A scientist explained that an asteroid is capable of melting continents and boiling oceans if it is large enough. The scientist made the chilling statement while discussing humans’ chances of surviving a major asteroid impact.

According to mathematician and scientist Robert Walker, humans have a good chance of enduring the effects of an impact event. Even if Earth gets hit by an asteroid that’s as big as the one that wiped out the dinosaurs 66 million years ago, Walker believes humans will not go extinct.

As previous reports have indicated, the asteroid that hit Earth millions of years ago was about 10 kilometers long. It was so big that the explosion caused a huge volume of smoke and debris to block out the Sun, leading to a deadly nuclear winter.

The event caused major food shortages across the planet, which led to the extinction of most animals.

For Walker, if the same event happens today, humans will most likely survive primarily due to basic skills and instinct.

“As long as we retain at least Stone Age technology, there isn’t much that could make us extinct,” he said, according to Express. “Even if we have to go back to beach-combing and surviving on shellfish, which was a staple of early human diet in cold places such as Canada and Scotland, one way or another some humans would survive.”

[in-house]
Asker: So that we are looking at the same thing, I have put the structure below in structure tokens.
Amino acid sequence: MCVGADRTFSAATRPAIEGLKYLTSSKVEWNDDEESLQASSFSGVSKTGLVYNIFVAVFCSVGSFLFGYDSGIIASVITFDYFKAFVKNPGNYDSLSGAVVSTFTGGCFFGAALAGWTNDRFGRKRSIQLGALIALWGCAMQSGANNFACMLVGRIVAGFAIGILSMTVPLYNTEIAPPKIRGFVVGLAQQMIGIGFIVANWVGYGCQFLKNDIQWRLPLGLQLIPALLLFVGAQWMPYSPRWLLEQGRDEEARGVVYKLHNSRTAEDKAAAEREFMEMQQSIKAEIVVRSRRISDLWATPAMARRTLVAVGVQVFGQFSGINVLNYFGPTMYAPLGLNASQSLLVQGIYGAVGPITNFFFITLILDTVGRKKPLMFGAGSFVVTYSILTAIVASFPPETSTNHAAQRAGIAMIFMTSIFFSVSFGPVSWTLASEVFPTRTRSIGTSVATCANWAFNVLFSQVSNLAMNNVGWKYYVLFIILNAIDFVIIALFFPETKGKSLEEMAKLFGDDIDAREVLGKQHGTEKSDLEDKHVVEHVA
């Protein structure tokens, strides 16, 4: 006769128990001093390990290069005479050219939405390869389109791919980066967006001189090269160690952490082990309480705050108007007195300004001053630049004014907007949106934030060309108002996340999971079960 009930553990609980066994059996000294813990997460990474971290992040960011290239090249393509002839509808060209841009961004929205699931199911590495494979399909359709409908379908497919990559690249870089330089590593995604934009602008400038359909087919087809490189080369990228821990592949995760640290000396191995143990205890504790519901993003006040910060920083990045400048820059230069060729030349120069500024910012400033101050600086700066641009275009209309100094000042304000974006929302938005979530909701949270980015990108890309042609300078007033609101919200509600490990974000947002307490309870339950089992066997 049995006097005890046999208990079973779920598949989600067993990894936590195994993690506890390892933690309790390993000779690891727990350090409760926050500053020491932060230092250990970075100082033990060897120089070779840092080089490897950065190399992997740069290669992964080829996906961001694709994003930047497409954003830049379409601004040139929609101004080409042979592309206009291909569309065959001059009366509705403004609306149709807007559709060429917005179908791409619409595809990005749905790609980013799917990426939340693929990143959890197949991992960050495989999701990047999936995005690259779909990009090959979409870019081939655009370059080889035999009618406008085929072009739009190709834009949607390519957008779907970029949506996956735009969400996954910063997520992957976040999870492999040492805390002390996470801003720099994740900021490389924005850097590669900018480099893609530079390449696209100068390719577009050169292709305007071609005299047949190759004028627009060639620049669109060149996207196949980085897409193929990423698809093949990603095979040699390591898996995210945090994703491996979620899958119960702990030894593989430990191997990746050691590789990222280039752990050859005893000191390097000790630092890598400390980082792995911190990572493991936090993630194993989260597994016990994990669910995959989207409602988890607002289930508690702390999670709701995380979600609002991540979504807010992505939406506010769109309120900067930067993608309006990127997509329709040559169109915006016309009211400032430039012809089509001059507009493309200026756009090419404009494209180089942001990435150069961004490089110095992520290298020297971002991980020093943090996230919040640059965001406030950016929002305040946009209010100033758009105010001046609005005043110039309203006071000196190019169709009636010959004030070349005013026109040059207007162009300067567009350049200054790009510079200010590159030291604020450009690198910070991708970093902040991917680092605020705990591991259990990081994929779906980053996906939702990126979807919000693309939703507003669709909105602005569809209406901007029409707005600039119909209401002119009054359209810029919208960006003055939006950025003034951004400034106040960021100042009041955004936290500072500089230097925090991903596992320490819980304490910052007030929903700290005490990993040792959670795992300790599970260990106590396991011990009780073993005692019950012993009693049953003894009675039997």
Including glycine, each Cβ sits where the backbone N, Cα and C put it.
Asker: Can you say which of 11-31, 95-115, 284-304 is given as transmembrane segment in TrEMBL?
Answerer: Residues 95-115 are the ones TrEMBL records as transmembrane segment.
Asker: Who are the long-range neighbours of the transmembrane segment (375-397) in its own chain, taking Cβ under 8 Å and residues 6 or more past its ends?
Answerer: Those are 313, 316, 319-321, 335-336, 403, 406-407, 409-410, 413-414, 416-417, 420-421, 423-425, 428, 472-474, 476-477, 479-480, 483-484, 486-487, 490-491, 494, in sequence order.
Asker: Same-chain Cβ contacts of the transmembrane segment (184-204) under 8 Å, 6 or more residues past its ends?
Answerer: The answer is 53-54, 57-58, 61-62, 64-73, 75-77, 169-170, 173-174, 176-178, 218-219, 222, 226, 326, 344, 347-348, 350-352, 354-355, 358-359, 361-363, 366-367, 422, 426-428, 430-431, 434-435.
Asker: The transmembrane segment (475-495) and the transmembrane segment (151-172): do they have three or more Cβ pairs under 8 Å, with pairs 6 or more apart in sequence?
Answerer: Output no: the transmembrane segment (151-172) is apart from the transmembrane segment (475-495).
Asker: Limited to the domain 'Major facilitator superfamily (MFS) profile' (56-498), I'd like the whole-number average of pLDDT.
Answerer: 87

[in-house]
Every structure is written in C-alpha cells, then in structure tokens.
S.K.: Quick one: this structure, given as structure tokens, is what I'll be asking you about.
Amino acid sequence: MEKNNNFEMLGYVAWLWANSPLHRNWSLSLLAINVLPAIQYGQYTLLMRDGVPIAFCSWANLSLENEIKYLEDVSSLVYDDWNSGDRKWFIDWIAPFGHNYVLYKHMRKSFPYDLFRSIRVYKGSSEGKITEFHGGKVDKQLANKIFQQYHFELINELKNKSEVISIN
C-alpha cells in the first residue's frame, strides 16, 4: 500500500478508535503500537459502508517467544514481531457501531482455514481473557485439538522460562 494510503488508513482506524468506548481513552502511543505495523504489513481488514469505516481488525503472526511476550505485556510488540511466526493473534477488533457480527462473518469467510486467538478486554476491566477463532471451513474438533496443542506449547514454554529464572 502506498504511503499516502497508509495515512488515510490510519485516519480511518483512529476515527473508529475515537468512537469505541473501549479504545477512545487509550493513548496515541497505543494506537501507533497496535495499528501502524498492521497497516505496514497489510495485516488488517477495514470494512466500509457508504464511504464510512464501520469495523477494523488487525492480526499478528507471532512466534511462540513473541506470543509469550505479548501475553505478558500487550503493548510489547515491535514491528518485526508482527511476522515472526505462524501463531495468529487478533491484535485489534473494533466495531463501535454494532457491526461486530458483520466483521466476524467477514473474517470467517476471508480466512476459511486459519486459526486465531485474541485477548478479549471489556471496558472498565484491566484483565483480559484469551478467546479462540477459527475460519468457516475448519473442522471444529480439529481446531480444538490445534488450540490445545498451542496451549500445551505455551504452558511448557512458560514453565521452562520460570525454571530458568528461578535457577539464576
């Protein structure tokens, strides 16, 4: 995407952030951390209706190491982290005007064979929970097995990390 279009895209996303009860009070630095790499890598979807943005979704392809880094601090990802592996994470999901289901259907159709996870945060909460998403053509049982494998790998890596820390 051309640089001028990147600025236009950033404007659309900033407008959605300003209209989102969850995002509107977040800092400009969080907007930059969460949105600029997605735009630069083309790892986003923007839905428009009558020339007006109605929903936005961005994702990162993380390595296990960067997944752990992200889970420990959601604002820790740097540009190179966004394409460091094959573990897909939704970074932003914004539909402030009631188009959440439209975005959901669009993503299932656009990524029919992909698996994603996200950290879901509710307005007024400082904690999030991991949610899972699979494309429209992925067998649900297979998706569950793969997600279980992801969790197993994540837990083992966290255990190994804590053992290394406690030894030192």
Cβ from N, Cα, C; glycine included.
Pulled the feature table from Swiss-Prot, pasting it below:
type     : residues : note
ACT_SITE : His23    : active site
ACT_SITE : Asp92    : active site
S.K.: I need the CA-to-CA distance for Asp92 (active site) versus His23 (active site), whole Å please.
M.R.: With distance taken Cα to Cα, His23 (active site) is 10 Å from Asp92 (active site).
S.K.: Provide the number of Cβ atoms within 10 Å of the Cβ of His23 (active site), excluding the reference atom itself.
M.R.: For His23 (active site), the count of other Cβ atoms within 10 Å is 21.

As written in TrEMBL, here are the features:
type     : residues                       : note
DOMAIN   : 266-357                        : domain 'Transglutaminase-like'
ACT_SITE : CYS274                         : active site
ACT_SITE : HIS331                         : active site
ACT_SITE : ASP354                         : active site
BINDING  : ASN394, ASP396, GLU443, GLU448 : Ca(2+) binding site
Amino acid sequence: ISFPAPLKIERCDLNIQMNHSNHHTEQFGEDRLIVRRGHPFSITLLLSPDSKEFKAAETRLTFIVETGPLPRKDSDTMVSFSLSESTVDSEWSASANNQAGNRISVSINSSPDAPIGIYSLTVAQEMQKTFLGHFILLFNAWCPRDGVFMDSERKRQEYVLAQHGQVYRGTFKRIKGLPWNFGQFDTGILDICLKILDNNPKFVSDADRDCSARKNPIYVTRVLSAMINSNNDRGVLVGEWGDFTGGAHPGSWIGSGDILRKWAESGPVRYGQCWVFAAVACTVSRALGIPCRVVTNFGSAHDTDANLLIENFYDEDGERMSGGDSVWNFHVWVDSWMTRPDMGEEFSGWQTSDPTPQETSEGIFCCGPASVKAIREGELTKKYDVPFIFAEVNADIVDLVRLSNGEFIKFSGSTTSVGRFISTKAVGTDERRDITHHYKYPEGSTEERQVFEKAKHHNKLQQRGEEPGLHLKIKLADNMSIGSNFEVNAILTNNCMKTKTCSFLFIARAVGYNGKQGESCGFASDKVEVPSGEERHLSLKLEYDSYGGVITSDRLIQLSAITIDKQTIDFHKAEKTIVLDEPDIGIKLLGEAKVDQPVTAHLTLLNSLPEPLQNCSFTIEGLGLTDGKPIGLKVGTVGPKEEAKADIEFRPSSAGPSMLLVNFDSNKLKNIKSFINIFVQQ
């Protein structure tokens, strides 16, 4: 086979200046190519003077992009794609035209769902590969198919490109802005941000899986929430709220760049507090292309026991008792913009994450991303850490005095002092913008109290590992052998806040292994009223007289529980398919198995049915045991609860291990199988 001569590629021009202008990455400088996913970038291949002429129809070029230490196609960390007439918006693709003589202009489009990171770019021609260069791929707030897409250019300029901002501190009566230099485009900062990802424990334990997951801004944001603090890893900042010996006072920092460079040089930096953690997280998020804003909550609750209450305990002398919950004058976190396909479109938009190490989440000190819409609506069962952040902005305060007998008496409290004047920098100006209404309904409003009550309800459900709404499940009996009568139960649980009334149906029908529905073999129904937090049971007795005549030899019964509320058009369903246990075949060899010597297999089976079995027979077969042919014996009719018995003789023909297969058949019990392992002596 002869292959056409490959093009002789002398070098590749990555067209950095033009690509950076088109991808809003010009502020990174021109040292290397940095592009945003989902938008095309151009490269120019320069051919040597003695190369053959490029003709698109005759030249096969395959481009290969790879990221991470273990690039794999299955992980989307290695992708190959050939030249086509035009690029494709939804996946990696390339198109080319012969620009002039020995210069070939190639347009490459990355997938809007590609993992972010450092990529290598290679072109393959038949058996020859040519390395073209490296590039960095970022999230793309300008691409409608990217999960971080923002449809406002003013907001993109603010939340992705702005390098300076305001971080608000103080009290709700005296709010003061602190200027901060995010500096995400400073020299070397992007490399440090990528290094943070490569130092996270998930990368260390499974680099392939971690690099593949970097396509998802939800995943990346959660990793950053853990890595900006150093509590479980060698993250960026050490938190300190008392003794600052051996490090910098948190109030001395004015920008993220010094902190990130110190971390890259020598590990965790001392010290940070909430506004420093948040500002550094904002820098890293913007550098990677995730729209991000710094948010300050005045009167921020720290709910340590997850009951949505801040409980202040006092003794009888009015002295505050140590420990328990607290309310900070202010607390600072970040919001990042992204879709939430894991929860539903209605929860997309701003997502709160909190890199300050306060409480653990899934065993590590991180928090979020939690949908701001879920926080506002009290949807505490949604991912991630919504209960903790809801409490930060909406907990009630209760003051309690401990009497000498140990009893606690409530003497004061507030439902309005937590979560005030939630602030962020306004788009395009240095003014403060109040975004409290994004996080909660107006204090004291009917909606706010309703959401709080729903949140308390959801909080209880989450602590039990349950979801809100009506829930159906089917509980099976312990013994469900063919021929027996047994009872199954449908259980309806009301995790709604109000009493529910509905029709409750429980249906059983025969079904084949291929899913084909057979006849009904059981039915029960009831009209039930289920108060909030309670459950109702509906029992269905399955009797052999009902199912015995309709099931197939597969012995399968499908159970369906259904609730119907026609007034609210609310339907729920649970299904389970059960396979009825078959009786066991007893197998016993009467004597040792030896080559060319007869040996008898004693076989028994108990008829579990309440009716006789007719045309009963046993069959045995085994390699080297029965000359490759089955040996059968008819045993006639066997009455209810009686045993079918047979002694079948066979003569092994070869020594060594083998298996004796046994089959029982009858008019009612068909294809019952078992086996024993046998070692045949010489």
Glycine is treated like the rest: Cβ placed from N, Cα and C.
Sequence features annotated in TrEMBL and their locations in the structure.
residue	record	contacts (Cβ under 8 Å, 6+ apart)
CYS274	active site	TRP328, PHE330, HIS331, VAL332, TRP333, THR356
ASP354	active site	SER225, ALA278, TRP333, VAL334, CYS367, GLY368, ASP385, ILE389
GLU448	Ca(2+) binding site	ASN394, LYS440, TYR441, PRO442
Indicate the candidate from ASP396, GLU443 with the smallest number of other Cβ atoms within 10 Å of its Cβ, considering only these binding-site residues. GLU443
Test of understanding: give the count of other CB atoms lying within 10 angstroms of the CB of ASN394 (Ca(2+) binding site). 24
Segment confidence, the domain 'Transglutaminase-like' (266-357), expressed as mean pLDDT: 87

Walker noted that survival is possible as long as Earth doesn’t get hit by a really massive asteroid. He warned that if the planet collides with a colossal asteroid that’s about hundreds of kilometers long, life on Earth will most likely go extinct due to the level of destruction it will cause.

“I know some say humans would go extinct after a 10-kilometer asteroid impact,” he said. “I don’t see that. I don’t think that could make us extinct. It would have to be much larger, larger enough so there are no habitats for humans on Earth and nothing for us to eat for long enough for us all to starve or die.”

“It would be large enough if it boiled the oceans and melted the continents,” he added.

asteroid impact
A recently-discovered 250-mile area located in the central Australian outback might be the largest asteroid impact crater ever recorded. NASA/Don Davis